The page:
This past Tuesday, I produced my first regular poetry slam in over three years. I took the lessons learned from the previous weekly poetry slam and running my reading series There Will Be Words and here were the results.

  • The head-to-head format works. In a traditional poetry slam, you compete against several other poets and where you place is based on the scoring of three or five judges selected randomly from the audience. The head-to-head format allows the poets to face one opponent AND gives the audience a chance to digest poems in smaller chunks, rather than hear poem after poem after poem.
  • The ENTIRE audience judging the slam created a supportive environment for everyone. In a slam that uses three or five judges, the rest of the audience will boo or cheer them based on the scores that they receive. If the judges consistently score low, it creates a negative experience for those judges. At the end of the night, everyone enjoyed the experience (and it made the audience pay attention to the poem).
  • Monthly is better than weekly. You can’t beat people to death with literature. People have a harder time coming weekly to a show than coming monthly. Some shows here locally have developed a weekly following, and that’s great. As an organizer, I did weekly slams for eight years. There were weeks were attendance was bad from an audience and/or a competing poet perspective. Monthly is better from a quality and attendance perspective.

The first show was overall a success. We had seven poets and quite a few faces in the audience that I haven’t seen before. Out of the seven poets competing, four of them were women (which made me really happy as an organizer). I think this slam format is something worth sustaining and I’m looking forward to the next one. If all of this continues, this could be a regular second show from There Will Be Words.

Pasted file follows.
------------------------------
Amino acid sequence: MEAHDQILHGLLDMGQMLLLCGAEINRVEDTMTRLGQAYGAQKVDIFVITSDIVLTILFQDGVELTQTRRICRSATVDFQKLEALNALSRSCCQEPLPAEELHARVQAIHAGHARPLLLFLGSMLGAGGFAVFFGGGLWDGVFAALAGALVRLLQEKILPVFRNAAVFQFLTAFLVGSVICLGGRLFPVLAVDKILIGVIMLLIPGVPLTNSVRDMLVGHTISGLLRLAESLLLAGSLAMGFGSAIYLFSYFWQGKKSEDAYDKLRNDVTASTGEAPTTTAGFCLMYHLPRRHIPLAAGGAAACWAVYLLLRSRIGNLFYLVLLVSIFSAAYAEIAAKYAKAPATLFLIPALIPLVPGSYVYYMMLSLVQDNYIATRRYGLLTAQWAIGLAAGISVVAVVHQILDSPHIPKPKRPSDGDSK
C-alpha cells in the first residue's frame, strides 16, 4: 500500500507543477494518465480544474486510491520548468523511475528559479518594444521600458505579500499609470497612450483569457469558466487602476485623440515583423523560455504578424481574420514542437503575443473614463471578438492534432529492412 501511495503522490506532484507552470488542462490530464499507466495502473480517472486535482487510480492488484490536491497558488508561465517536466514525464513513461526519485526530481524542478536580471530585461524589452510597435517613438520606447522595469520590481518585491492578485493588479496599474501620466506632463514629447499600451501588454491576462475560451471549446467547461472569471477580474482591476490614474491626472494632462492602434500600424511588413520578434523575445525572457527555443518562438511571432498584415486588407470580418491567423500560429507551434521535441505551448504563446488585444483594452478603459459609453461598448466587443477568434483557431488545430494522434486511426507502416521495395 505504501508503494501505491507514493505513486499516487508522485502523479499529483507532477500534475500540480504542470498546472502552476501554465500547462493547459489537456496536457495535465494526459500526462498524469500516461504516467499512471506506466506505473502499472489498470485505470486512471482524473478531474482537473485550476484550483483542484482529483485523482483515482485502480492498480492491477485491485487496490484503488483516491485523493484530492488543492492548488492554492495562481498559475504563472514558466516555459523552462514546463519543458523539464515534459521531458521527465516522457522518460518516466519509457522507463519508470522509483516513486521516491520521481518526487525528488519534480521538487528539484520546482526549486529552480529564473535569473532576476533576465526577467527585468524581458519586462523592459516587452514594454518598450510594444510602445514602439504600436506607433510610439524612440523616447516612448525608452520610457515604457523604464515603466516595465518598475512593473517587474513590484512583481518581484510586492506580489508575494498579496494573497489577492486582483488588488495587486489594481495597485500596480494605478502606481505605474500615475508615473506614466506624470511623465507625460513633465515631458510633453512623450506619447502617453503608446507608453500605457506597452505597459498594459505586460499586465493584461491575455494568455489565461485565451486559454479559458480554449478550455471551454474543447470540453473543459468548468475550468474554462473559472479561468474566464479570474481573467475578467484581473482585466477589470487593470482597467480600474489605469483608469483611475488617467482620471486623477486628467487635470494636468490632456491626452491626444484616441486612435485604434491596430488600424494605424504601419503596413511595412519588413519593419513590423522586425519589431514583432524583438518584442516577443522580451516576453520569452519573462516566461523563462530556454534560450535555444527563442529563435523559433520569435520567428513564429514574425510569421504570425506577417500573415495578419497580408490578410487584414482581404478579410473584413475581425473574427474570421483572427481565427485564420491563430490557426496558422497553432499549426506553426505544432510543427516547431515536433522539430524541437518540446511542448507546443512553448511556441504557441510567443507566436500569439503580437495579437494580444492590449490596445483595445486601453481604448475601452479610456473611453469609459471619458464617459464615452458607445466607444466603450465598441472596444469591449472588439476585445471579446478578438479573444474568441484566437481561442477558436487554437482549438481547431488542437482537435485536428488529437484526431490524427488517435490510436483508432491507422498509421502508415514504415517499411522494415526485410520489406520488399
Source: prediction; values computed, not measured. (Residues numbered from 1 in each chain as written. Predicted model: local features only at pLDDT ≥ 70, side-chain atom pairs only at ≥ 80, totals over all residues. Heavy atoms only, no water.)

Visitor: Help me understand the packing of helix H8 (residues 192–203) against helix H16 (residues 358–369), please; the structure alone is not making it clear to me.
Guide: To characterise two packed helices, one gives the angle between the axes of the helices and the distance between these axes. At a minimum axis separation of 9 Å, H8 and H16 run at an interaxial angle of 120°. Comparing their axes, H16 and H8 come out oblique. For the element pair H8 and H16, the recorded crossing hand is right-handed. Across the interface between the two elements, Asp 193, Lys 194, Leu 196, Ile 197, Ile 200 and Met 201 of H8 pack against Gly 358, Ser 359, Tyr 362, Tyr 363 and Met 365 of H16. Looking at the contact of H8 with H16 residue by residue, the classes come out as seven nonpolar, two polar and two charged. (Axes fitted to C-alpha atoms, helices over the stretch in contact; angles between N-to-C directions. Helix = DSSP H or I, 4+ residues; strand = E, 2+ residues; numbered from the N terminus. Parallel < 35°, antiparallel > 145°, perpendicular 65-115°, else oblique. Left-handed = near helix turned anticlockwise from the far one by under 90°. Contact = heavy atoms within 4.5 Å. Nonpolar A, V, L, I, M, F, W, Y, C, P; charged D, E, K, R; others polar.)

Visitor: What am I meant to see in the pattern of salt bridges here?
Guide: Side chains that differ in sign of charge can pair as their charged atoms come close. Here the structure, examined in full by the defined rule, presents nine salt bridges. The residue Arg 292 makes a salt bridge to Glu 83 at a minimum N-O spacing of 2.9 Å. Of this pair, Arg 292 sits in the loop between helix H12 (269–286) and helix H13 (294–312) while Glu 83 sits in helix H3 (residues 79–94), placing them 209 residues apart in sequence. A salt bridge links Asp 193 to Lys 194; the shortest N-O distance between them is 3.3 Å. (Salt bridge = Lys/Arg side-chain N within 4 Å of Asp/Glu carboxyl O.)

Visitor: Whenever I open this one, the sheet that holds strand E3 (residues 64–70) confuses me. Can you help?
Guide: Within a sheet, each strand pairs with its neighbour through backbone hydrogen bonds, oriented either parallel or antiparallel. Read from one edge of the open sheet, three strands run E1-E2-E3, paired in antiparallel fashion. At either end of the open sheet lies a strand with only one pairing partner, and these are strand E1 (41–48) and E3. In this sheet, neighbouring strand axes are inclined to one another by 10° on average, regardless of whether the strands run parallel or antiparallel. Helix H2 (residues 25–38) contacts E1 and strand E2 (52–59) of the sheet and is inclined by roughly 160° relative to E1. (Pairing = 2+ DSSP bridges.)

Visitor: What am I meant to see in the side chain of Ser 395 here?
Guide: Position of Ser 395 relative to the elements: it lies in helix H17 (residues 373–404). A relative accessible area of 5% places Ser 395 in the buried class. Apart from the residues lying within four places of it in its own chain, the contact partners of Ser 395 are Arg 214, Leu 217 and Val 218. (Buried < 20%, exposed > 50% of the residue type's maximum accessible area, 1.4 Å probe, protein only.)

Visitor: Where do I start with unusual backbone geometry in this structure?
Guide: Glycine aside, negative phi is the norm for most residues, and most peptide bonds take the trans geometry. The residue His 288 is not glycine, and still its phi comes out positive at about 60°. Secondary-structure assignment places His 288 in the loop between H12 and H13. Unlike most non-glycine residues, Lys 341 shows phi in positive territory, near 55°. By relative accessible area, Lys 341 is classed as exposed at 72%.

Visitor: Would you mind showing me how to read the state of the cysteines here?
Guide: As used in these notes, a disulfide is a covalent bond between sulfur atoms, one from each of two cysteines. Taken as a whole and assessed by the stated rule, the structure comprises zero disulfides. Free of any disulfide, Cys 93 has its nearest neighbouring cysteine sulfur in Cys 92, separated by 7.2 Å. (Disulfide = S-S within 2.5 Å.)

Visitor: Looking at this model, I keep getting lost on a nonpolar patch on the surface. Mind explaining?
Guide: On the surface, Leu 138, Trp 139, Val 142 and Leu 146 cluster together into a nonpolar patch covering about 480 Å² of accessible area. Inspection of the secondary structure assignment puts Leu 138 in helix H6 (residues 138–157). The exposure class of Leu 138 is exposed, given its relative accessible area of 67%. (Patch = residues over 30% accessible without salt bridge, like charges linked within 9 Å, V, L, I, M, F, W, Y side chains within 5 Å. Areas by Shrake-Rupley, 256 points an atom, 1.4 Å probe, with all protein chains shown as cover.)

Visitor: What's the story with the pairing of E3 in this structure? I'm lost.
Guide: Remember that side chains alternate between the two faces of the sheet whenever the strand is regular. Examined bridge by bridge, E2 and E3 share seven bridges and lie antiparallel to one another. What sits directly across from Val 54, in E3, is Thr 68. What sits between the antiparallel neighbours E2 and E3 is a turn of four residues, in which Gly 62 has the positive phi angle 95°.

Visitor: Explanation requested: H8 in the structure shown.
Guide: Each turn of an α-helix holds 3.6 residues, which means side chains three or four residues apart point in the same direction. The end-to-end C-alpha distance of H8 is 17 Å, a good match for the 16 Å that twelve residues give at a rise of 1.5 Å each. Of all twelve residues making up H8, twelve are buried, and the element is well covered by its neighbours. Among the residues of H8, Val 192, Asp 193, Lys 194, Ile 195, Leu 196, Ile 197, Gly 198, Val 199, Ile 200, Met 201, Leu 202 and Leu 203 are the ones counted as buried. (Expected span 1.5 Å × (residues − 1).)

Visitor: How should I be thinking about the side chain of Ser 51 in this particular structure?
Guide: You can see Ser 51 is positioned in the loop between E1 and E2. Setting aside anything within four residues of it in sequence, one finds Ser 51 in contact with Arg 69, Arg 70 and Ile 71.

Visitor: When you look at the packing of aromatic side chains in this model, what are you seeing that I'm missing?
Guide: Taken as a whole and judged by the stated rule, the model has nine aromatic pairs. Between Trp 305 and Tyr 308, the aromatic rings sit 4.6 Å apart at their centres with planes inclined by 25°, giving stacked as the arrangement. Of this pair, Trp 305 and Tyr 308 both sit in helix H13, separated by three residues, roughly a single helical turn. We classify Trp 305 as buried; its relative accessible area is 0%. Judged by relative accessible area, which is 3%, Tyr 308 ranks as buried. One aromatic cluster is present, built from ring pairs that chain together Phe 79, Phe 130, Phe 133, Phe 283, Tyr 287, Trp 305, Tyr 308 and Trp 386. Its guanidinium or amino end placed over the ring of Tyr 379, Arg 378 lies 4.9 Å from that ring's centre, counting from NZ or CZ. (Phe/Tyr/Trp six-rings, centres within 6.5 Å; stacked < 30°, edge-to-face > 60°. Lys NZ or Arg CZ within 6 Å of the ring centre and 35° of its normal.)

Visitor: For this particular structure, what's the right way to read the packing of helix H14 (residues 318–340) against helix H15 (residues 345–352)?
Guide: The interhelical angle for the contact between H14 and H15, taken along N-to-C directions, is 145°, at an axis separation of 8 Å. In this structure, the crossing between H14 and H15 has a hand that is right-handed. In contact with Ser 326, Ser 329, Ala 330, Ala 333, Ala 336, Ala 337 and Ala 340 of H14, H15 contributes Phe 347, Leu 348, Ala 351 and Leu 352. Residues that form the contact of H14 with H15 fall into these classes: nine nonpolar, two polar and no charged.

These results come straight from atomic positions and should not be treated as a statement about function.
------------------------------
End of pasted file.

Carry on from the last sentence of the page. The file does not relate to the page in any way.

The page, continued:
Three of my Yelp review pieces are up in the debut issue of Hardly Doughnuts, which you can read here.

“Yelp Review – Blockbuster Video, Morgantown, WV” was nominated by Drunk Monkeys for the Best of the Net anthology. I am crossing all my limbs on this one. You can check out that poem again here.


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About J. Bradley

J. Bradley's is a Best of the Net and Pushcart Prize nominated writer whose work has appeared in numerous literary journals including decomP, Hobart, and Prairie Schooner. He was the Interviews Editor of PANK, the Flash Fiction Editor of NAP, and the Web Editor of Monkeybicycle. He is the author of the poetry collection Dodging Traffic (Ampersand Books, 2009), the novella Bodies Made of Smoke (HOUSEFIRE, 2012), and the graphic poetry collection The Bones of Us (YesYes Books, 2014), illustrated by Adam Scott Mazer. He is the curator of the Central Florida reading series There Will Be Words and lives at

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Best of the Net, Drunk Monkeys, Hardly Doughnuts, poetry, poetry slam, poetry slam organizing tips, There Will Be Words, Yelp, Yelp review project